2. When did you see this movie? Because I also saw it in DC (E Street theater, Aug. 2, an early Saturday evening) and they had the. exact. same. reaction. to the Bible and the gun gifts (and also to a scene of the students pledging allegiance to the Texas flag). When the gun happened, I had to restrain myself from asking aloud “why is that funny?” Only respect for the film and Linklater (I liked it more than the author did) prevented me from doing do.

    That said, I agree with the first commentator that this reaction is in no way a reflection on the film and how those moments are actually played in the text itself, quite the contrary. That very fact, however, means the laughter actually speaks worse of the Washington audience. And according to scattered reports on Twitter, this reaction is by no means unique to Washington.

  3. Linklater managed to coalesce a portrait of a small Texas town before in Bernie without “attacking” those you identify with politically. Most of the flaws of Boyhood you see are projections/

  4. Let me begin by saying that I have lived in Texas all my life. I was born and grew up in Houston, went to school in Austin and currently live in Dallas. The State of Texas and her people have contributed much to my identity. Furthermore, I am a Christian and politically lean towards the right, so I identify with the author of this review in at least a few ways, and certainly in the most important ways (i.e., beliefs in God, humanity and how the two interact with one another). Now that those things are out of the way . . .

    I saw the film this past weekend. It is my opinion that the author has grossly misrepresented the film and, in the process, has contradicted himself. In my opinion, the movie was nothing short of greatness.

    First, the author complains that in this film “nothing really happens.” Two paragraphs later, he briefly summarizes the many things that happen in the movie: “Mason deals with three bad fathers, a mother with very bad judgment, and a sister who’s just kind of there. Also: changing schools, moves, his first beer and girlfriend, evil jocks, and the other usual teenage rituals in postmodern America.” For those who haven’t seen the movie yet, you should know that the author didn’t learn about these happenings because a title slide appeared on the screen giving updates. Indeed, the author learned about bad fathers, bad judgment, moving, drinking, romance and “other teenage rituals” because these are all experienced by the characters in the film. To be clear, there was a script, there were actors and through the scenes filmed, we learn about all that happened to the cast. So, if we’re honest, plenty of things happen in the movie.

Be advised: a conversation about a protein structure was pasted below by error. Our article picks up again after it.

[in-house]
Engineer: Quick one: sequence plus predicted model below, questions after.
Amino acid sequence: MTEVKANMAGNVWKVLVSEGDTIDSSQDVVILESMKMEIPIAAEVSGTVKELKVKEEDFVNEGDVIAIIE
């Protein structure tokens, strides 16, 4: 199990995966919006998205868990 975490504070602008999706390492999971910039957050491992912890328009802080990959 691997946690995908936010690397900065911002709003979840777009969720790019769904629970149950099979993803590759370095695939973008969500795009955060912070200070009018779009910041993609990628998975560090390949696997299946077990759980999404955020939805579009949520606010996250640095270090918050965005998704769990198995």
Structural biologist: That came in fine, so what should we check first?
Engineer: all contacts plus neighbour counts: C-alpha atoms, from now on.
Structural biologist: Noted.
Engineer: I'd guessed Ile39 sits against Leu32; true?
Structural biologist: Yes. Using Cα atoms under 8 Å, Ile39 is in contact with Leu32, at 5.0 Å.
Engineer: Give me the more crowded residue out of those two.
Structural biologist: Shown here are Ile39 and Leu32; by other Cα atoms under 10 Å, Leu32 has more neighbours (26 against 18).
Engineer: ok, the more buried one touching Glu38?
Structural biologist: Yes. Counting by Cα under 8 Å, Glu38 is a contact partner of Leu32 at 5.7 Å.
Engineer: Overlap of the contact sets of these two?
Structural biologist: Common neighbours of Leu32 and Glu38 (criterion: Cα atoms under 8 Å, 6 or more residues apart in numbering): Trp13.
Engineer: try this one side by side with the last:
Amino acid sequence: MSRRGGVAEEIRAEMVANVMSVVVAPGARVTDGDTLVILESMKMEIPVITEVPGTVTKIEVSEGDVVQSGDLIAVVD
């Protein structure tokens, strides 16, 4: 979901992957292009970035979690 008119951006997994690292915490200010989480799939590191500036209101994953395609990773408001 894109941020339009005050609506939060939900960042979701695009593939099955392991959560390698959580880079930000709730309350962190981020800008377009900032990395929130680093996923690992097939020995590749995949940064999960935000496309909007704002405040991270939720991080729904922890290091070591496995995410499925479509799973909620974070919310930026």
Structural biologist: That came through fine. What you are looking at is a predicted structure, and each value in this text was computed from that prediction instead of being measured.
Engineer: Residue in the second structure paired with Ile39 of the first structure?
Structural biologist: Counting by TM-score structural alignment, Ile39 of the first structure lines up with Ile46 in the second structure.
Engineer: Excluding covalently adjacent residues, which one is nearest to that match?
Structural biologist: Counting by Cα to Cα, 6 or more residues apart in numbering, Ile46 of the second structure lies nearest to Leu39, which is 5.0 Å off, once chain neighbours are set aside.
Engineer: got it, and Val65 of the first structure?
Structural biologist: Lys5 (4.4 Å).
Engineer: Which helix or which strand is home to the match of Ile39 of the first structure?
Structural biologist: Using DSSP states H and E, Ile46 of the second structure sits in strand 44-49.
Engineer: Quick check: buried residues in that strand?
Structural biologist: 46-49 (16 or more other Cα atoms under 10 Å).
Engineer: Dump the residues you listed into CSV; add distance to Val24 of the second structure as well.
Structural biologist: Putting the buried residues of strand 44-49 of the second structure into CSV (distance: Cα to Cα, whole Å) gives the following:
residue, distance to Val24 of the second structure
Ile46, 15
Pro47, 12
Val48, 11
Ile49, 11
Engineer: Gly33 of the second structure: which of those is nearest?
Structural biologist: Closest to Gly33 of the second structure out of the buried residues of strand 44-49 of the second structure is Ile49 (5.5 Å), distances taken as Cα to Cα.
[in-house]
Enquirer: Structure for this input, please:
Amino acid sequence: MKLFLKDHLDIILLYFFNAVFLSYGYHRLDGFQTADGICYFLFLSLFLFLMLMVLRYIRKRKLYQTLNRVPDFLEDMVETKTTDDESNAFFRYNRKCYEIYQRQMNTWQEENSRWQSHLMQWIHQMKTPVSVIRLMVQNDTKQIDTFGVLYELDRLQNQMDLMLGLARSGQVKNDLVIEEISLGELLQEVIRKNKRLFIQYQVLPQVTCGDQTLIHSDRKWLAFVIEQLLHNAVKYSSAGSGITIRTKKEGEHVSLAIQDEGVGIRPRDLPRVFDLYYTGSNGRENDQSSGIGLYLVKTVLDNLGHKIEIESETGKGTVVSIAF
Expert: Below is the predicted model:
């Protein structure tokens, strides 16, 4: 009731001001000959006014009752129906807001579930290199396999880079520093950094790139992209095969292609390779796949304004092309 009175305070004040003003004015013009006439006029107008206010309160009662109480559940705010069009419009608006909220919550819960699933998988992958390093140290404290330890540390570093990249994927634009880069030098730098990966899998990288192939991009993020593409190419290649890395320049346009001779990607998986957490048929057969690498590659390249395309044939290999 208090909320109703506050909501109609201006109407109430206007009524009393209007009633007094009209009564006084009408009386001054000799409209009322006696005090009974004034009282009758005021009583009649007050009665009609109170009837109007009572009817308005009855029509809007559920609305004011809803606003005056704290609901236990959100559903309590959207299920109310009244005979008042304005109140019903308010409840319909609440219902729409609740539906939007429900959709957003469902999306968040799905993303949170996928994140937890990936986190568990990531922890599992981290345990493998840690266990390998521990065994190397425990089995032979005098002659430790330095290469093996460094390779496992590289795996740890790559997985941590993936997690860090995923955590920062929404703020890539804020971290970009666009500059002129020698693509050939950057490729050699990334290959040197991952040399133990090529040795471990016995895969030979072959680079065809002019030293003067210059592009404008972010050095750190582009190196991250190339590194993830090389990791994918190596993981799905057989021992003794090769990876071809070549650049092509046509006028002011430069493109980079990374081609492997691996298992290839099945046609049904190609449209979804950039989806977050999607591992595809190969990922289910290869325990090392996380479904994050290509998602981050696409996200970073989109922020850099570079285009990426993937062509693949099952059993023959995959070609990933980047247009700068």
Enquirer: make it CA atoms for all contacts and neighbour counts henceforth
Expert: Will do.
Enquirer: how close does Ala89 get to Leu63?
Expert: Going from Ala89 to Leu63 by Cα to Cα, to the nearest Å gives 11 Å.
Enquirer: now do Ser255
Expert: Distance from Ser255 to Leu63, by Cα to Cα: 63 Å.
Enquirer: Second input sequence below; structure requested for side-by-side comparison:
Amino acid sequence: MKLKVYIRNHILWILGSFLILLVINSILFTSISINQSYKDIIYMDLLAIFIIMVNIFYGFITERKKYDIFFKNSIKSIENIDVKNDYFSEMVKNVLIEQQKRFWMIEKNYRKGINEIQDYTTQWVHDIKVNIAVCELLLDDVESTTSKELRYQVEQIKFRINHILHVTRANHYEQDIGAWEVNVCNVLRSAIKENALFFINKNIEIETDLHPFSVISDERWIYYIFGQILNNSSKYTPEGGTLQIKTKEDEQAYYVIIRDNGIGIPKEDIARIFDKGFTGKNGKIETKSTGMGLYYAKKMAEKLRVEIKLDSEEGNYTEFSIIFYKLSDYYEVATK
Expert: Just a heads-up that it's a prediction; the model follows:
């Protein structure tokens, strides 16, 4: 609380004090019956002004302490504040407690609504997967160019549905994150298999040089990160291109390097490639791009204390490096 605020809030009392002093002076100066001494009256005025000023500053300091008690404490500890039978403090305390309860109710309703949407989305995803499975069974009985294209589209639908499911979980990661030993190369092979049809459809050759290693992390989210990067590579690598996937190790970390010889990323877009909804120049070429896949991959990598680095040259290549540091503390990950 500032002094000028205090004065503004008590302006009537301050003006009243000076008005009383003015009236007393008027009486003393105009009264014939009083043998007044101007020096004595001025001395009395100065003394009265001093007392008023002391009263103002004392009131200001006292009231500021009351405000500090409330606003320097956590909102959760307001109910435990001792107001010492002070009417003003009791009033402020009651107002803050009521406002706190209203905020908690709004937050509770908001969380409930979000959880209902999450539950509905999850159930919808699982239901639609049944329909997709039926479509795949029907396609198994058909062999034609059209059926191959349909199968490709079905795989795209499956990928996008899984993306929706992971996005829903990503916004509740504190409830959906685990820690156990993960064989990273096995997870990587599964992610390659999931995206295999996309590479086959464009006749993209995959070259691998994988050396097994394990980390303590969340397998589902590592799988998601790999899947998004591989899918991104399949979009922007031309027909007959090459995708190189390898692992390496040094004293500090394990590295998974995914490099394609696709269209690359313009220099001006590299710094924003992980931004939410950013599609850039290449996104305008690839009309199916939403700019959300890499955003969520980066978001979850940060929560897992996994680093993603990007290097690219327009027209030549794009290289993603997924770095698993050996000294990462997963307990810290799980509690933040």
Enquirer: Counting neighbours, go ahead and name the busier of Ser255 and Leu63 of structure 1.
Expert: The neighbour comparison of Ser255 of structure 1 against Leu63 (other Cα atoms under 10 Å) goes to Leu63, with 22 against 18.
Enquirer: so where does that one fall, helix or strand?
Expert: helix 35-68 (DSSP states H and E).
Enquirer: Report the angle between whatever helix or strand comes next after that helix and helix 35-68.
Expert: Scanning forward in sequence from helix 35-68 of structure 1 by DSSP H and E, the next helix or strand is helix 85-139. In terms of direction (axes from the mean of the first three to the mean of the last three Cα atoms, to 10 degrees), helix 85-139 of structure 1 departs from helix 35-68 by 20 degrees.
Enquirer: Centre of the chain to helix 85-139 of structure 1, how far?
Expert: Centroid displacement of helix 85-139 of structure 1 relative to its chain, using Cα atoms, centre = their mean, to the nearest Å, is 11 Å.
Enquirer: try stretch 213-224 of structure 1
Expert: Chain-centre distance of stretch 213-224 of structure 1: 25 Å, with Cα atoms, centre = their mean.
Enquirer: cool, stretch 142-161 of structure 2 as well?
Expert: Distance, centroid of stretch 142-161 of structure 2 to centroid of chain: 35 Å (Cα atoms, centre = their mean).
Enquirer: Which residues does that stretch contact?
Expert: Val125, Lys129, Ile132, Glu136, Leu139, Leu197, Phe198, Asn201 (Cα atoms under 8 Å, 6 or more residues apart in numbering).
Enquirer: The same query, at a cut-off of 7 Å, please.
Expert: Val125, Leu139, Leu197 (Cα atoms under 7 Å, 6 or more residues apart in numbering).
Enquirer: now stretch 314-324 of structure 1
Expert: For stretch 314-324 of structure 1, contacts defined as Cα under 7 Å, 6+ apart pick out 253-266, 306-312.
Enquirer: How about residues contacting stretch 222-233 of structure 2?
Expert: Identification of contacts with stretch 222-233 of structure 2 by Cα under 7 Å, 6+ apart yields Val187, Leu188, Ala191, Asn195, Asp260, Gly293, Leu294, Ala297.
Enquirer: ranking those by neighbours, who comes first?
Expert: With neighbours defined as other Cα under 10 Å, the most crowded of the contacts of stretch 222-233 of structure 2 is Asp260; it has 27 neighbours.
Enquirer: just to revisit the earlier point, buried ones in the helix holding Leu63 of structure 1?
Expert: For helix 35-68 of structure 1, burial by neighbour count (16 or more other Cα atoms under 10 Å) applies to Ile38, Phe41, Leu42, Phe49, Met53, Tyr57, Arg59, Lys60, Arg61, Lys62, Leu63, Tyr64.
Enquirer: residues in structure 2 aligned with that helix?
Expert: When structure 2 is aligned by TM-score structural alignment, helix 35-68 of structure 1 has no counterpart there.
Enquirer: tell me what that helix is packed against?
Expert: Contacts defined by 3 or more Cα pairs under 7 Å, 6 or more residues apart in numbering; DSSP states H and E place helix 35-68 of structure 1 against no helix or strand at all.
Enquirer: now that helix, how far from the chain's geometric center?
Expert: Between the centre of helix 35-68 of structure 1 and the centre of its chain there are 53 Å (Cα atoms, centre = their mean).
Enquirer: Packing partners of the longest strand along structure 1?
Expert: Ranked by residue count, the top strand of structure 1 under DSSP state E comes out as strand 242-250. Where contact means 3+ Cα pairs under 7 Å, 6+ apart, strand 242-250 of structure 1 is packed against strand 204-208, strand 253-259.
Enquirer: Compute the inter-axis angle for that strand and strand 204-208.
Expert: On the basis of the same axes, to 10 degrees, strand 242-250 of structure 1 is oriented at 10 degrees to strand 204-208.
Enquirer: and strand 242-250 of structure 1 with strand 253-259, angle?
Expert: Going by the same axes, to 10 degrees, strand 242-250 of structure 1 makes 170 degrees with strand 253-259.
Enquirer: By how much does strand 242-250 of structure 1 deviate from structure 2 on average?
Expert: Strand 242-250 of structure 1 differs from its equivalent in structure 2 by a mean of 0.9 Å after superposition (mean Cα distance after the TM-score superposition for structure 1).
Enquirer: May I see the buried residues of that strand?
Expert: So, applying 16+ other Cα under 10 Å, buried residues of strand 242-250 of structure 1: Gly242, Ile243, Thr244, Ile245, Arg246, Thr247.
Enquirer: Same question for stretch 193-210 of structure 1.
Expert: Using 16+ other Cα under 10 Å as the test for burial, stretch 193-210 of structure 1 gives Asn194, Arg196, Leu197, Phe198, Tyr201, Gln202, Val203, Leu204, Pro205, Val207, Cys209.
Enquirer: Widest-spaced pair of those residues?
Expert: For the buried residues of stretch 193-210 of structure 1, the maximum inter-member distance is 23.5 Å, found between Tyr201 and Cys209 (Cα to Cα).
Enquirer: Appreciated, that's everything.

Second, the author’s litmus test for adulthood (A boy isn’t an adult if he “hasn’t been in a war, joined a band, gone on the road, or been in a fight”) is ludicrous. This comment doesn’t really pertain to the film as much as it is an attempt to establish that the author’s perspective on adulthood is skewed, at best. If his perspective on adulthood is skewed, there can’t be much hope of a successful critique of a coming of age film.

    Third, the author mentions that despite Mason meeting, kissing and drinking (again, things do happen in this film), nothing seems to excite him. The author leaves out that Mason becomes enthralled with his artwork. How could the author claim that Mason does not fall in love with the world when, for example, the character stops at gas stations in the middle of nowhere to take pictures of the life around him?

    I feel like I could go on and on. The jokes in some scenes are dated because they took place during a previous time. They are dated on purpose. They were filmed when the jokes were original. Perhaps the jokes are weak now, but they weren’t then. One cannot fault the film because of the ignorance of an audience. The author should be thanking Linklater for demonstrating to the DC audience that even today, boys in Texas receive guns as presents, learn how to shoot, and actually like it (even the progressives).